Last week while walking in a parking lot I found a five-dollar bill on the ground.
The feeling that came over me was similar to when I get a really cool and thoughtful birthday present that I never would have thought to ask for.
Did I consider trying to find the rightful owner? You bet I did.
I made sure I did a complete 360 degree scan of the parking lot looking for people who may have dropped it, and while I did see two other folks walking to their cars I determined that they didn’t look like people irresponsible enough to have carelessly dropped five-bucks. Besides doesn’t Federal and State law say, and I’m paraphrasing here, finders keepers losers weepers?
That’s what I thought.
Finding loose money on the ground is kind of like winning the lottery, although the payoff is a lot smaller. Perhaps I should say it’s more like winning a lotto scratcher.
Anyway, that was the second time in my life I ever found something other than a loose coin waiting to be picked up.
The other time was when I was walking to school sometime in the mid-70s and I found a ten-dollar bill. I could barely contain myself when that happened. Accounting for inflation that would be like finding over $40 today. To an eight-year-old kid, forty bucks is like winning the lottery and I’m not talking scratchers either. I’m talkin’ Power Ball, baby!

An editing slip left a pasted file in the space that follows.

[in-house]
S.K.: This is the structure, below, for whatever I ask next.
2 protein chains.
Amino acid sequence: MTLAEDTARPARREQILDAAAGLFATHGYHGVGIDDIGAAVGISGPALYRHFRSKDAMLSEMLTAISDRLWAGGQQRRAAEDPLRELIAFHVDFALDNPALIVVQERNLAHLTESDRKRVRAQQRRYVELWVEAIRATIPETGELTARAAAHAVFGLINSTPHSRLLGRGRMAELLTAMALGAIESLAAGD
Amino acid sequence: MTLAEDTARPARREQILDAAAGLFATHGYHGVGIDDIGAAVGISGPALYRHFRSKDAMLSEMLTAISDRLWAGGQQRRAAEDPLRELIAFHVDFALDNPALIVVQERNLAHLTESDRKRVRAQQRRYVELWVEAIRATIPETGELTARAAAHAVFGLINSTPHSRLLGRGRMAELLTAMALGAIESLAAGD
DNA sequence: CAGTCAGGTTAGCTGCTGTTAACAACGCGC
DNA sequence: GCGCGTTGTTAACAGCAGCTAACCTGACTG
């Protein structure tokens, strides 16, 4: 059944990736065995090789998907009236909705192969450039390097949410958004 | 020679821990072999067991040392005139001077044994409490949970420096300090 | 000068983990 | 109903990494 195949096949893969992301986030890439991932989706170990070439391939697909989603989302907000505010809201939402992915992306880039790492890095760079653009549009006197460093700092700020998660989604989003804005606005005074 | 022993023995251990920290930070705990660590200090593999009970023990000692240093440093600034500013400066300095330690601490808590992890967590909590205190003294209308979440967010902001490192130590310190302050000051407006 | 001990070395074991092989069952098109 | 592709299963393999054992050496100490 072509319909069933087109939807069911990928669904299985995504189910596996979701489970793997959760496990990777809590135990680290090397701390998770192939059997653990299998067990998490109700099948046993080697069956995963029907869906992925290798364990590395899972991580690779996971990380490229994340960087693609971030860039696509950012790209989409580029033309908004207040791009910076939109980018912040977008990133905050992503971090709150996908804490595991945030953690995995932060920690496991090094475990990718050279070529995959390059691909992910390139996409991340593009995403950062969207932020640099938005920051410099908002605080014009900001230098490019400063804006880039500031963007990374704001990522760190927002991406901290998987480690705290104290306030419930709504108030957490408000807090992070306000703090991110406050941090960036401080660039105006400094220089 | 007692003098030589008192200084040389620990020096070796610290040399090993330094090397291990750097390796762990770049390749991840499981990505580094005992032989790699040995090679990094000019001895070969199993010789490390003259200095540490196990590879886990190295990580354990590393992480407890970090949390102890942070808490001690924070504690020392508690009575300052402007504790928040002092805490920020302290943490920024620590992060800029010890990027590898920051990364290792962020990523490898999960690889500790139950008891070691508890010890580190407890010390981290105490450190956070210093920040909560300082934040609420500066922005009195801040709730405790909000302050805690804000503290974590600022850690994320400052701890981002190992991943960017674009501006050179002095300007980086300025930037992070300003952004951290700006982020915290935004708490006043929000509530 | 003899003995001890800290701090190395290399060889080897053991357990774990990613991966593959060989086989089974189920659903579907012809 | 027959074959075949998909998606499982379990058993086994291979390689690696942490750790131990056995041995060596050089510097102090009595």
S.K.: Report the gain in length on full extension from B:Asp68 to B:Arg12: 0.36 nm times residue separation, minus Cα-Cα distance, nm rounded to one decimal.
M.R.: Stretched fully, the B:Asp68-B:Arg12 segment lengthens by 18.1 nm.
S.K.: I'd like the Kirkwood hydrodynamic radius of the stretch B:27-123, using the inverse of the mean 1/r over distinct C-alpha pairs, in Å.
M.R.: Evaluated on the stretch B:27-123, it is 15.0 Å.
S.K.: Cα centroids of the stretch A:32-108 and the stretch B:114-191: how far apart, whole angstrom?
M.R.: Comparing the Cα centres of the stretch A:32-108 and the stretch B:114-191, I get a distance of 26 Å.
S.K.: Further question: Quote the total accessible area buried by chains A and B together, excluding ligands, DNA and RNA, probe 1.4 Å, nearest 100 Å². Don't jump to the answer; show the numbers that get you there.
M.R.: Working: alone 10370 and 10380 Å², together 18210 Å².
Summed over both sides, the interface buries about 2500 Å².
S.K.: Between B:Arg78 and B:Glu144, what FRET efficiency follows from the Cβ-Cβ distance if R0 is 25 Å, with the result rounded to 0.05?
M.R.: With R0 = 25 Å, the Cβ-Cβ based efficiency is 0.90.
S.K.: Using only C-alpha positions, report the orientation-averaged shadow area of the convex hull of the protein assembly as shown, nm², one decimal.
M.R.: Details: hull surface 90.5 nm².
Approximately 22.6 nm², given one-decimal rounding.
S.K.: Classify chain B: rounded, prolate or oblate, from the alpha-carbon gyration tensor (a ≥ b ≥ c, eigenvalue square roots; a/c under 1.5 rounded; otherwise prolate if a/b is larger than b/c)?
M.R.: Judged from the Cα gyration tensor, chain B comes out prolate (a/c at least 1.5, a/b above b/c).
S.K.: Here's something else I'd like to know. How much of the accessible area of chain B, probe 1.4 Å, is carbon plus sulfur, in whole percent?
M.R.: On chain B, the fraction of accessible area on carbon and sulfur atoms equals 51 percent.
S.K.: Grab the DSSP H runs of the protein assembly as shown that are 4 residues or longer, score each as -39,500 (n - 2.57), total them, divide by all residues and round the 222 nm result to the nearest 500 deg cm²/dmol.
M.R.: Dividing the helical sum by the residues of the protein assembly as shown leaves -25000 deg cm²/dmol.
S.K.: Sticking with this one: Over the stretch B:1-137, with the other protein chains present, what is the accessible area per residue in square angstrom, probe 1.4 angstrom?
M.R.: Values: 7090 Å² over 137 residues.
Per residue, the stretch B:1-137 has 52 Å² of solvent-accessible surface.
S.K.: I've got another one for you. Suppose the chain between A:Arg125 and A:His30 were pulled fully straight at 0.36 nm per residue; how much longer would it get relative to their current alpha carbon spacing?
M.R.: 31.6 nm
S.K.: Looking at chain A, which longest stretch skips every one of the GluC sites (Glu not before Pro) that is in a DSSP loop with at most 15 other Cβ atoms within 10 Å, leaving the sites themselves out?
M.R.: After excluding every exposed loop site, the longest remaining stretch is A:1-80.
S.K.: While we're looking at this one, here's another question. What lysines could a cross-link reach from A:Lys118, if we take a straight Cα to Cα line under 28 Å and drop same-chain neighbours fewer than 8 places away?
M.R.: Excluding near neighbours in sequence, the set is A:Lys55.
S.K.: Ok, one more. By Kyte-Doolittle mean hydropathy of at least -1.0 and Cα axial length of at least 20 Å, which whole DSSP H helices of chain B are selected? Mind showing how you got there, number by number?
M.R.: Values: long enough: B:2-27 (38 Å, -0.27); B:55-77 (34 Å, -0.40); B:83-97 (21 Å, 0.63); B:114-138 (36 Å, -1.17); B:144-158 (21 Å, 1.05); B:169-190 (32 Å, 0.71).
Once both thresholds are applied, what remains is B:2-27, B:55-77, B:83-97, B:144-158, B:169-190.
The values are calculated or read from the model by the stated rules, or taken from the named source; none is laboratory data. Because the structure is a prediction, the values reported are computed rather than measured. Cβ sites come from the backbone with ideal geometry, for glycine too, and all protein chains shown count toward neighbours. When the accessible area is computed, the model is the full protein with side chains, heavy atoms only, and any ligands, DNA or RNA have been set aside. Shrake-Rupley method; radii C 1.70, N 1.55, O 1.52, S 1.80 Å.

The Ethics of Found Money
Obviously, there comes a point where the amount of money found becomes so large that it makes sense to actually turn the money in to the authorities. The question is where do we draw the line?
To me the answers are totally dependent on the circumstances.
I’m sure a lot of you would disagree with my assertion that a single loose bill as large as $100 aimlessly blowing in the street is a personal, er, windfall.
Before you think I am total heartless ass for making such a claim, let me also say that I do believe that a wad of cash or multiple bills tied up with, say, a rubber band or money clip is not a windfall and as such I would turn it in.
I would also turn in a single $100 bill laying on the floor of any business establishment or, for example, a taxi. In that case I could easily see the owner, after recognizing he recently lost his money, quickly determining exactly where he lost it.
If the money is in a wallet, purse or any other container with identification, then I think that money should also be turned in regardless of whether it held $10 or $10,000.
What Do You Say, Readers?
I’m curious to know what is the most amount of money YOU have ever found just laying there on the ground?
Do you think it’s unethical to keep a loose hundred-dollar bill if you found it at the corner of Main and Elm street and decide not to turn it in to the authorities? If so, would you also turn in a loose one-dollar bill to the authorities as well?
When it comes to the ethics of found money, where do you draw the line?